[Show abstract][Hide abstract] ABSTRACT: The paradox of enrichment has been studied almost exclusively within communities or metacommunities, without ex- plicit nutrient dynamics. Yet local recycling of materials from en- riched ecosystems may affect the stability of connected ecosystems. Here we study the effect of nutrient, detritus, producer, andconsumer spatial flows—combined with changes in regional enrichment—on the stability of a metaecosystem model.We considered both spatially homogeneous and heterogeneous enrichment. We found that nutri- ent and detritus spatial flows are destabilizing, whereas producer or consumer spatial flows are either neutral or stabilizing. We noticed that detritus spatial flows have only a weak impact on stability. Our study reveals that heterogeneity no longer stabilizes well-connected systems when accounting for explicit representation of nutrient dy- namics. We also found that intermediate consumer diffusion could lead to multiple equilibria in strongly enriched metaecosystems. Sta- bility can emerge from a top-down control allowing the storage of materials into inorganic form, a mechanism never documented be- fore. In conclusion, local enrichment can be stabilized if spatial flows are strong enough to efficiently redistribute the local excess of en- richment to unfertile ecosystems. However, high regional enrichment can be dampened only by intermediate consumer diffusion rates.
Full-text · Article · Dec 2014 · The American Naturalist
[Show abstract][Hide abstract] ABSTRACT: We are interested in the impact of natural selection in a prey-predator
community. We introduce an individual-based model of the community that takes
into account both prey and predator phenotypes. Our aim is to understand the
phenotypic coevolution of prey and predators. The community evolves as a
multi-type birth and death process with mutations. We first consider the
infinite particle approximation of the process without mutation. In this limit,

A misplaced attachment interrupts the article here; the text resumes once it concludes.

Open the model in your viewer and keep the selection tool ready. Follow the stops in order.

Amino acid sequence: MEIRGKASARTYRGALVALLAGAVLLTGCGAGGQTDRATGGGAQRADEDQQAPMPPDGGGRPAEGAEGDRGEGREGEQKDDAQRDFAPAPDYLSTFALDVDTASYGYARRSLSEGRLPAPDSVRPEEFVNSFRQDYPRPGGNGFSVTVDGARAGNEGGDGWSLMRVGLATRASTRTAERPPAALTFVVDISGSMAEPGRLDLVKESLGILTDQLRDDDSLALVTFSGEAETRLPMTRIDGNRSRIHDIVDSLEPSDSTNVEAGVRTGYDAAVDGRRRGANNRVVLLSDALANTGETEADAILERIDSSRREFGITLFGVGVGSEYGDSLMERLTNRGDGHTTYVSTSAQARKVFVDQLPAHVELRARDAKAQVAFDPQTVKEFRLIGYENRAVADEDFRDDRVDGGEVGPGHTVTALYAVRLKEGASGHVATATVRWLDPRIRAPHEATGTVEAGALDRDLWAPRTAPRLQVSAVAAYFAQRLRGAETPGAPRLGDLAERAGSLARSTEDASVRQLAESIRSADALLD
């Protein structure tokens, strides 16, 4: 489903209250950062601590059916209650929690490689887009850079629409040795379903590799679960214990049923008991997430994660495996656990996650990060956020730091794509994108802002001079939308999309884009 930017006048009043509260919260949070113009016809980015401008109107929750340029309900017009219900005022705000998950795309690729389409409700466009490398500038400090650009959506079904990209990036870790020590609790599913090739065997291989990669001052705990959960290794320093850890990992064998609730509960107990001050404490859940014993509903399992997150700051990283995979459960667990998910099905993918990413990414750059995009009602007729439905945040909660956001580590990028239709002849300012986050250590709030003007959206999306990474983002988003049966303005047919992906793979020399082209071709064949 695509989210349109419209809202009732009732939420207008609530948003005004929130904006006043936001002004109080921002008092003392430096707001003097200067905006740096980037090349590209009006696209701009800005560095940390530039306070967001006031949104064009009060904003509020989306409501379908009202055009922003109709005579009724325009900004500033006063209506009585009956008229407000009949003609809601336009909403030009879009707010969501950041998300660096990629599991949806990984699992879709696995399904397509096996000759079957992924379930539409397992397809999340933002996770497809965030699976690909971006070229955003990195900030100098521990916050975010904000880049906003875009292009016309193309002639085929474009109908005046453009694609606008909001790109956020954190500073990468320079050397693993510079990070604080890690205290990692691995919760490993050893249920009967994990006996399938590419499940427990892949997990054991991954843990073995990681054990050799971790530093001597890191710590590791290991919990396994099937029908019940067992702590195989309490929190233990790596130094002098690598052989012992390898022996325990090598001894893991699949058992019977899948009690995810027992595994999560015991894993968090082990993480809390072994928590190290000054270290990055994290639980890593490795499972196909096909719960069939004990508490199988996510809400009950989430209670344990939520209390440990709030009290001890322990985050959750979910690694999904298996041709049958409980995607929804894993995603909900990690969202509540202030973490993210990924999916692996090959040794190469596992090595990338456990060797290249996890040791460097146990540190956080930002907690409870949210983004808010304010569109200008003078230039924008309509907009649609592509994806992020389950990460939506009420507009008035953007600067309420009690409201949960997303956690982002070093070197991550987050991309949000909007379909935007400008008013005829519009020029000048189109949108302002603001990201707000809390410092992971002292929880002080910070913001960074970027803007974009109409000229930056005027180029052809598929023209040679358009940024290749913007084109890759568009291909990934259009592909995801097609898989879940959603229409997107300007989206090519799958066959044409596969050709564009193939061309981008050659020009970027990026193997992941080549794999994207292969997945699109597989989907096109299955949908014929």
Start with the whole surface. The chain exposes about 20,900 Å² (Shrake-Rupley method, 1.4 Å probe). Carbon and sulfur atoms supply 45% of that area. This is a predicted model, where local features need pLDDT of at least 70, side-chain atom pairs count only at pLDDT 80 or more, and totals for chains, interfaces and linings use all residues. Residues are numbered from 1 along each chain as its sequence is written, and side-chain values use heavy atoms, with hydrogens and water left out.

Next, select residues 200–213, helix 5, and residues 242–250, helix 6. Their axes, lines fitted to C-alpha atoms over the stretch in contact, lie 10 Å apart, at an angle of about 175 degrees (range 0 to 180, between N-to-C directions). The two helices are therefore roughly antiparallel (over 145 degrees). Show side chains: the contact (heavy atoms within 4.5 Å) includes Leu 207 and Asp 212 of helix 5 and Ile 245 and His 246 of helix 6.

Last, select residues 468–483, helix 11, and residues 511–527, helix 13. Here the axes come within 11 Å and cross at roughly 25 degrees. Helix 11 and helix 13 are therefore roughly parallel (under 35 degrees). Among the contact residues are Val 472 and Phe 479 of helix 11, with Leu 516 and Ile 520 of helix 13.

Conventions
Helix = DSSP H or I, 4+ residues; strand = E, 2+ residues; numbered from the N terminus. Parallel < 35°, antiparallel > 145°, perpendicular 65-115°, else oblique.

the process can be approximated by a system of differential equations. We prove
the existence of a unique globally asymptotically stable equilibrium under
specific conditions on the interaction among prey individuals. When mutations
are rare, the community evolves on the mutational scale according to a
Markovian jump process. This process describes the successive equilibria of the
prey-predator community and extends the Polymorphic Evolutionary Sequence to a
coevolutionary framework. We then assume that mutations have a small impact on
phenotypes and consider the evolution of monomorphic prey and predator
populations. The limit of small mutation steps leads to a system of two
differential equations which is a version of the canonical equation of adaptive
dynamics for the prey-predator coevolution. We illustrate these results with an
example including different prey defense mechanisms.
[Show abstract][Hide abstract] ABSTRACT: Resource enrichment can potentially destabilize predator-prey dynamics. This phenomenon historically referred as the "paradox of enrichment" has mostly been explored in spatially homogenous environments. However, many predator-prey communities exchange organisms within spatially heterogeneous networks called metacommunities. This heterogeneity can result from uneven distribution of resources among communities and thus can lead to the spreading of local enrichment within metacommunities. Here, we adapted the original Rosenzweig-MacArthur predator-prey model, built to study the paradox of enrichment, to investigate the effect of regional enrichment and of its spatial distribution on predator-prey dynamics in metacommunities. We found that the potential for destabilization was depending on the connectivity among communities and the spatial distribution of enrichment. In one hand, we found that at low dispersal regional enrichment led to the destabilization of predator-prey dynamics. This destabilizing effect was more pronounced when the enrichment was uneven among communities. In the other hand, we found that high dispersal could stabilize the predator-prey dynamics when the enrichment was spatially heterogeneous. Our results illustrate that the destabilizing effect of enrichment can be dampened when the spatial scale of resource enrichment is lower than that of organismss movements (heterogeneous enrichment). From a conservation perspective, our results illustrate that spatial heterogeneity could decrease the regional extinction risk of species involved in specialized trophic interactions. From the perspective of biological control, our results show that the heterogeneous distribution of pest resource could favor or dampen outbreaks of pests and of their natural enemies, depending on the spatial scale of heterogeneity.